Published: July 10, 2007
The market for bronze sculpture, flatlined for well over a decade, was jolted vigorously back to life on May 20, when the Reingold collection of American sculpture went on the block at Rago Arts and Auction Center.
Hundreds of bidders †in the room, on the phone and online †did the trick. When the hammer fell at the close of the 236-lot sale, a sales total of $1,327,410 had been reached † 11 percent over the high estimate with 94 percent sold by lot.
Records were set for works in bronze by more than 20 artists, including Allen George Newman, whose “Rough Rider” more than tripled its high estimate, selling for $22,800; Clio Hinton Huneker Bracken, whose center bowl sold for $7,200; James Lippitt Clark, whose “Rhinoceros” brought $21,600; Henri Crenier, whose “Boy and Turtle fountain” sold for $14,400; Max Kalish, whose “Working Man” sold for $25,200; and Haig Patigian, whose “Egypt Isis” sold for $36,000 against an estimate of $7/9,000.
Also setting records were works by Henry Hering, Giuseppe Moretti, Emil Fuchs, Bonnie MacLeary, J. Clinton Shepherd, Heinz Warneke, Joseph Jacinto Mora, Frank Luis Jirouch, Milton Hebald, Nathaniel Choate, Berthold Nebel, Enoch Henryck Glicenstein, Arline Wingate and Paul Fiene.
A numismatic record was achieved for a medal by Augustus Saint-Gaudens; his Women’s Auxiliary of the Massachusetts Civil Service Reform Association Presentation Medal sold for $10,800.
The first lots by Frederick MacMonnies set the strong tone for the sale with his “Pan of Rohallion” selling for $33,600 on an estimate of $15/20,000.
Also notable are the selling prices for “Theodore Roosevelt as a Rough Rider” by James Earle Fraser, $12,000; Gaston Lachaise’s “Isabel,” $45,000; and “Young Girl” by Bessie Onahotema Potter Vonnoh, $24,000.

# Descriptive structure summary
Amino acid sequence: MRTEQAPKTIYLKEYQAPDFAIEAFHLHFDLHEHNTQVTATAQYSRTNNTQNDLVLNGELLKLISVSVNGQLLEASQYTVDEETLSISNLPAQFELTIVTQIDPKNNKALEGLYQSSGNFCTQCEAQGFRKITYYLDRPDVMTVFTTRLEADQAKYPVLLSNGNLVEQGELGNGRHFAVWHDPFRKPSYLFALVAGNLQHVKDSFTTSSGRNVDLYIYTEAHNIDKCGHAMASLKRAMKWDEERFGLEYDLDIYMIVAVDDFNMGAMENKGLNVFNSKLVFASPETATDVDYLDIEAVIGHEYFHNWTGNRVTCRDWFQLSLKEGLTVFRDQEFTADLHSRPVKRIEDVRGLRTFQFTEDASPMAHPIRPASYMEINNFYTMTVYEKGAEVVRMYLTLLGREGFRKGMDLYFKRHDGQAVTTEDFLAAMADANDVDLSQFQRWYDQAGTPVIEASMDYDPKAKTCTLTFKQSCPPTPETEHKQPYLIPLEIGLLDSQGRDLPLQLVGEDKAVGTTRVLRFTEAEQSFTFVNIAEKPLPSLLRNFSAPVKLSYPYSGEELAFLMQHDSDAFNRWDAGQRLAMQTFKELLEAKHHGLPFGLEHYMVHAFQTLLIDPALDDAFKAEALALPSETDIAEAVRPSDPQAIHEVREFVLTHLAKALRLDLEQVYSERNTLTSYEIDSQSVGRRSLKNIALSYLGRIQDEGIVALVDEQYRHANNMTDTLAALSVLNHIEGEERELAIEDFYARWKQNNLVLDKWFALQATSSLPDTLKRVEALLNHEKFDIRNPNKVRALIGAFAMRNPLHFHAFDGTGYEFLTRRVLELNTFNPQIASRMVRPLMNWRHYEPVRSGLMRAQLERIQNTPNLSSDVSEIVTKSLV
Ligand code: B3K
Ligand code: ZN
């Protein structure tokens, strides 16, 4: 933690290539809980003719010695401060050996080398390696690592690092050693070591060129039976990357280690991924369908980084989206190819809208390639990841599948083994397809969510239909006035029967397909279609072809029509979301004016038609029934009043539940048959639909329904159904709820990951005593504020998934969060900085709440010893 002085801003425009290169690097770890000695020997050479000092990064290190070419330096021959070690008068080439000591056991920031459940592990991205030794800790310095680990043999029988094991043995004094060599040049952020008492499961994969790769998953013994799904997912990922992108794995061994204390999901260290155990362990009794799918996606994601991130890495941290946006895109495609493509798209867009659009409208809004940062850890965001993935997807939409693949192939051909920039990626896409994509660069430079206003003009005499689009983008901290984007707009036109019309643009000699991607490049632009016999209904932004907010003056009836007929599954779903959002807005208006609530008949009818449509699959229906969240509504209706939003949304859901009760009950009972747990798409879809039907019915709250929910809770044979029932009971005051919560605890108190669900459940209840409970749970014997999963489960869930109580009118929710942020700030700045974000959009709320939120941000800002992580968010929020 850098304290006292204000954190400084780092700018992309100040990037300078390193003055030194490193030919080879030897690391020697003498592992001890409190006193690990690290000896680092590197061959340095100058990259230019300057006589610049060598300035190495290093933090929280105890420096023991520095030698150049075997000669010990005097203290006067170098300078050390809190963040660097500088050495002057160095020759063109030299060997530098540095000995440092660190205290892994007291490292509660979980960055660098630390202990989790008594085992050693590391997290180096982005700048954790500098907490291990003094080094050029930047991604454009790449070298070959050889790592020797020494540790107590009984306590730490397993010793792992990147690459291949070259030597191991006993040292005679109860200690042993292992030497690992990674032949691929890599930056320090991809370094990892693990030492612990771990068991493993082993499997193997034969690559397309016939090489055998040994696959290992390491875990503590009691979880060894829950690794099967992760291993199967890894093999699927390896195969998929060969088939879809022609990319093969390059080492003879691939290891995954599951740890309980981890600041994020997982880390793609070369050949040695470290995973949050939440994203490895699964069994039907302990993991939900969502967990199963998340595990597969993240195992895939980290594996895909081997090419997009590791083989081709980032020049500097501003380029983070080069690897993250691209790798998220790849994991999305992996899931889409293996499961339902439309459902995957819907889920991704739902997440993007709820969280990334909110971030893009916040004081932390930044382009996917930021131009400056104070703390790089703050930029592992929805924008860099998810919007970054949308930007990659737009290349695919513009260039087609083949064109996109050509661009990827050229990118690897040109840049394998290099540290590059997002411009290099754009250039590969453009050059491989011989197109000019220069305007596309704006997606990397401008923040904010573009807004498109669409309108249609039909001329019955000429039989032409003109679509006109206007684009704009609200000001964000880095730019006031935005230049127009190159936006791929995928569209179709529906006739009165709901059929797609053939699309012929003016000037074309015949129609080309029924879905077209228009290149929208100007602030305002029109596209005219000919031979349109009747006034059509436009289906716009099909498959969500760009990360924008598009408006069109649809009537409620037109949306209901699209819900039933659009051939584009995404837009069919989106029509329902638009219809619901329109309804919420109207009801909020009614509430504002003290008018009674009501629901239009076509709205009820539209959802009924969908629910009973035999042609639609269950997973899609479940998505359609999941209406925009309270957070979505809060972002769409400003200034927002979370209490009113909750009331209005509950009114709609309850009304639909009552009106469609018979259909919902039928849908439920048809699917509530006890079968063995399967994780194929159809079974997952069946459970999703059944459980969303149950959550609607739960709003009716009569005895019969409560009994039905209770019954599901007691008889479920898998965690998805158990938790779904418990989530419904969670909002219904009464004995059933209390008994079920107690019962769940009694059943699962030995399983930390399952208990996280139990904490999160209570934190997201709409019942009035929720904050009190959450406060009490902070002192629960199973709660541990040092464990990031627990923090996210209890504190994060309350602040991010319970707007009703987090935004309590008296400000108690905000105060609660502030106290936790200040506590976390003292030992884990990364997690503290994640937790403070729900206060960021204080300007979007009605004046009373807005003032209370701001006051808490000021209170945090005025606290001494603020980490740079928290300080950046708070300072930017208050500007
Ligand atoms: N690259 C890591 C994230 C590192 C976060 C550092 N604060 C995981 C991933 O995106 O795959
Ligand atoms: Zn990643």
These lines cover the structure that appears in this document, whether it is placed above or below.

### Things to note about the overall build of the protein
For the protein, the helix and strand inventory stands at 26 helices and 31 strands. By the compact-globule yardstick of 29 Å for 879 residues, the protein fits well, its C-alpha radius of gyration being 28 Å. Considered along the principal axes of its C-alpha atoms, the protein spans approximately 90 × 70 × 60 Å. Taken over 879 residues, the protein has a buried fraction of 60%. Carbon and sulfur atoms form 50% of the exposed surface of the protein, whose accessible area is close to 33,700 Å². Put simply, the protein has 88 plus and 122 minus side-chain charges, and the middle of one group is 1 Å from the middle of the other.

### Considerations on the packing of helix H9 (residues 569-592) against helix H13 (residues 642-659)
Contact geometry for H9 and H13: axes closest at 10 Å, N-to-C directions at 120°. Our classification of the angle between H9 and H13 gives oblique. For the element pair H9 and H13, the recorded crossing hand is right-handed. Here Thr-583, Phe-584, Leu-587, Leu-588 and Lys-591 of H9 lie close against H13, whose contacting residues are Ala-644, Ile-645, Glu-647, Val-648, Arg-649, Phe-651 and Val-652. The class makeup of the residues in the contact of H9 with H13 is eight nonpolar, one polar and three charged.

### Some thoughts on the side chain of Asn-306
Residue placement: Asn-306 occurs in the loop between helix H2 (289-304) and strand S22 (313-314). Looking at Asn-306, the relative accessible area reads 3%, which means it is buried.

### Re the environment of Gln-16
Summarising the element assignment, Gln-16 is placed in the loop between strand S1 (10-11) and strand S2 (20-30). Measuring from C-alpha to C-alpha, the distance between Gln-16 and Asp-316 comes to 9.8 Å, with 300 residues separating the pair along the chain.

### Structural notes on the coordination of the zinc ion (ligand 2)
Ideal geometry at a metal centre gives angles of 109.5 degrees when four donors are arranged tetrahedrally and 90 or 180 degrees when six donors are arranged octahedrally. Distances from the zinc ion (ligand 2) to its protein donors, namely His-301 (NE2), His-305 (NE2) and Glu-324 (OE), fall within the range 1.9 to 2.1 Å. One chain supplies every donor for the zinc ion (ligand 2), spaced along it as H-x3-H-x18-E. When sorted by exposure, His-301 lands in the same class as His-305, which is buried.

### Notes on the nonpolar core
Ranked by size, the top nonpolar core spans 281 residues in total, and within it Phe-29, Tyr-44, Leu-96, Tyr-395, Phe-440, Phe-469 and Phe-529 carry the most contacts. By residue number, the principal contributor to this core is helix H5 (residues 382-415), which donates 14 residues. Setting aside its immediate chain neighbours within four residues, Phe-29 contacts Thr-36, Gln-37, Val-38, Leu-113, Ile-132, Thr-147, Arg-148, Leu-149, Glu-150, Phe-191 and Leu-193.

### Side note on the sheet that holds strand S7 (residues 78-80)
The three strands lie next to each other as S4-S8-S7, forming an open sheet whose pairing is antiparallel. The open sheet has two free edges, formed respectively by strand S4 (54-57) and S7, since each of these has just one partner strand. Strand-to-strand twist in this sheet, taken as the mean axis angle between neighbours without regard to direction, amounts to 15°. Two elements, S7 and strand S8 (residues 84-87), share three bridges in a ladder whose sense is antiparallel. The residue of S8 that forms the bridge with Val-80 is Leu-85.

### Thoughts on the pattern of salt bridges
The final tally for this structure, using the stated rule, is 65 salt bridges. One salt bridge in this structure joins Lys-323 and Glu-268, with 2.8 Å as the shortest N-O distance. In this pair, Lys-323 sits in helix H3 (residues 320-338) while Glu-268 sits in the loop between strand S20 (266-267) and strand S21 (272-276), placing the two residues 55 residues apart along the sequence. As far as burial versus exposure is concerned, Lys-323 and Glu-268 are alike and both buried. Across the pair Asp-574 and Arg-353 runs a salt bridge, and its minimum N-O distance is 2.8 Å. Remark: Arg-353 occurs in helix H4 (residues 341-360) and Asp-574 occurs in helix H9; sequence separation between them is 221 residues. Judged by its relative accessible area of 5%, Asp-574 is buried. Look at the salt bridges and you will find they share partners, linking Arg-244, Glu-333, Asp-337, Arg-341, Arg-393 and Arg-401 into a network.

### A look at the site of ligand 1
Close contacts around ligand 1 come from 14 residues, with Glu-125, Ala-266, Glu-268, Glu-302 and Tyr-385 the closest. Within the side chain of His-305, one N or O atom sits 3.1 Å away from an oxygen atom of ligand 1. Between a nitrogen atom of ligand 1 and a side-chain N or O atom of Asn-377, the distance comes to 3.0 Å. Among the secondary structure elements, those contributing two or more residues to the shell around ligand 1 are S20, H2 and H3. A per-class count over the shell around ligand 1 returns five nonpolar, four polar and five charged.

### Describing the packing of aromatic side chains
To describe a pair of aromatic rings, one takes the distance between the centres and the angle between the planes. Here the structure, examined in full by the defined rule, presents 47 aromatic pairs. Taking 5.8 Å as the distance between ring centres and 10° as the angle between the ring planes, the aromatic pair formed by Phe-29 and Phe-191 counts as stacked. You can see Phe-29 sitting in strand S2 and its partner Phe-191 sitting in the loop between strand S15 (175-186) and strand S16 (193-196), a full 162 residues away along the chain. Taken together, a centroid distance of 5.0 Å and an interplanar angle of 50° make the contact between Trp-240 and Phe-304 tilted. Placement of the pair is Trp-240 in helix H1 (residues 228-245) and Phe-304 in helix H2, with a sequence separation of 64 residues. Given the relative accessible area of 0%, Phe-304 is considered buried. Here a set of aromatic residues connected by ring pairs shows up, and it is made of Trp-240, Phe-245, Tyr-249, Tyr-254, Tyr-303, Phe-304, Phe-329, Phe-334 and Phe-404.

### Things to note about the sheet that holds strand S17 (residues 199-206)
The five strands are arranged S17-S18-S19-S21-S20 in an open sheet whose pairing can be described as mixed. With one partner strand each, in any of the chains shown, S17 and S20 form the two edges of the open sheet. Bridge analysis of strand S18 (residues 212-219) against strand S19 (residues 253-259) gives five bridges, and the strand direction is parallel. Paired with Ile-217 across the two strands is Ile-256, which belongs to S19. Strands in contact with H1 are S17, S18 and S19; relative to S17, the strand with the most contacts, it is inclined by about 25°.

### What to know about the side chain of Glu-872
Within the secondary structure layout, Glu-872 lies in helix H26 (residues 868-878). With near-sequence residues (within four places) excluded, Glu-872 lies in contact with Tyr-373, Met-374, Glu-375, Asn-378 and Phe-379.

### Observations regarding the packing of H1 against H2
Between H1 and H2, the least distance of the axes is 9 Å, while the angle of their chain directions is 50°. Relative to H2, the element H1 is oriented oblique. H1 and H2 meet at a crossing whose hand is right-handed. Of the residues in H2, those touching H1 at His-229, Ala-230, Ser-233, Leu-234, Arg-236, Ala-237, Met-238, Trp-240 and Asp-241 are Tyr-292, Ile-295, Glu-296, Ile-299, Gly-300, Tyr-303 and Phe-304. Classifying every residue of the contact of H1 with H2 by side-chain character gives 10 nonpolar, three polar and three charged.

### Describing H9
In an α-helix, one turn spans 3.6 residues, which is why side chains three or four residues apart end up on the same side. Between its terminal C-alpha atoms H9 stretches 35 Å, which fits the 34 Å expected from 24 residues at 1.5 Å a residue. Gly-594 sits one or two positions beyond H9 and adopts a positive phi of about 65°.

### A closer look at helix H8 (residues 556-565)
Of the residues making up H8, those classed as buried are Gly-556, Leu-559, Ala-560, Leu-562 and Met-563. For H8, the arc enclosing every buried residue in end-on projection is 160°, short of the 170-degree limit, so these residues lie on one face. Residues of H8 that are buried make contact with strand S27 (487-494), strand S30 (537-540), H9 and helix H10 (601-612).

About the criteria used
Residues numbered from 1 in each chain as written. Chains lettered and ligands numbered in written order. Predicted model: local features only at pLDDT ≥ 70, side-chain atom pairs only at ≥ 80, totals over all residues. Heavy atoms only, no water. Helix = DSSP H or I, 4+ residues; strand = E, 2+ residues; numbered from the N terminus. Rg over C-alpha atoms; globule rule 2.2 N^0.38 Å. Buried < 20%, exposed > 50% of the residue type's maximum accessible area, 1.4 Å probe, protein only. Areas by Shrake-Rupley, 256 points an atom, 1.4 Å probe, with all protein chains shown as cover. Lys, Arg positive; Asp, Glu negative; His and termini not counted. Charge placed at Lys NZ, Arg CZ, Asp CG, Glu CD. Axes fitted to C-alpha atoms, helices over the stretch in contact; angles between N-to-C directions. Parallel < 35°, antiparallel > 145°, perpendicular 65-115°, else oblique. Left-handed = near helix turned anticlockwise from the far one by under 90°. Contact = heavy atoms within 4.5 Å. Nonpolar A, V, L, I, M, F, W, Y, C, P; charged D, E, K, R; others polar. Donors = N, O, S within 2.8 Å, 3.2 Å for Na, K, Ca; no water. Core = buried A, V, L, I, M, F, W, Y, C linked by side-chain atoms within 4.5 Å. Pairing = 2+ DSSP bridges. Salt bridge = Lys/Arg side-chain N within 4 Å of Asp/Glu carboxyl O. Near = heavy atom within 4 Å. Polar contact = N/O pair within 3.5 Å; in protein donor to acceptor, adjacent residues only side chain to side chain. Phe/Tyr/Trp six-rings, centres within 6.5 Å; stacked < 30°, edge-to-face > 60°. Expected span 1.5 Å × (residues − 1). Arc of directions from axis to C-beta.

The latter part of the sale concentrated on the more modern works favored by Eileen Reingold. “Ideal Head” by Elie Nadelman sold for $66,000. Warren Wheelock’s untitled nude brought $14,400; Boris Lovet-Lorski’s untitled head in stone, $19,200; Jose de Creeft’s untitled reclining nude, $16,800, and William Zorach’s untitled figure in stone, $8,400.
The Reingolds bought works by fine animaliers and prices reflected this, as well.
Charles Cary Rumsey’s “Walking Puma” sold for $12,000; Paolo Troubetzkoy’s “Wolfhound” for $8,400; Mohonri MacIntosh Young’s “Elephant” bookend for $11,400; Louis Paul Jonas’ “Hippopotamus” for $3,000 and “Morgan Le Fay” by Hazel Brill Jackson for $2,880. A sculpture of a “Yawning Tiger” by Anna Vaughn Hyatt Huntington did well at $12,000, as did her “Tribute to the Workhorse” at $14,400.
A number of the artists collected by the Reingolds had no auction records prior to this sale. This was no barrier to bidding; the quality was right. Nathaniel Choate’s “Camel Boy” sold for $10,200; Eileen Parnell’s “Lady Godiva” for $10,800 against a $1,2/1,800 estimate; and Selma Hortense Burke’s “Black Nude Reclining” for $8,400. There were stellar first sales, as well, for works in bronze by Michel Jacobs, Adolph Cashwan, Robert McKnight, Louis Slobodkin and Fausta-Vittoria Mengarina.
“We believed that this was the collection that would renew the bronze market if properly handled,” said Meredith Hilferty, director of fine art. “The Reingolds trusted us to do this when the major New York houses also wanted the work. To be able to deliver so definitely on our promise to them is highly gratifying, as you can imagine.”
Prices reported include the 20 percent buyer’s premium. For information, www.ragoarts.com or 609-397-9374.
5 Church Hill Road / Newtown, CT 06470
Mon - Fri / 8:00 am - 5:01 pm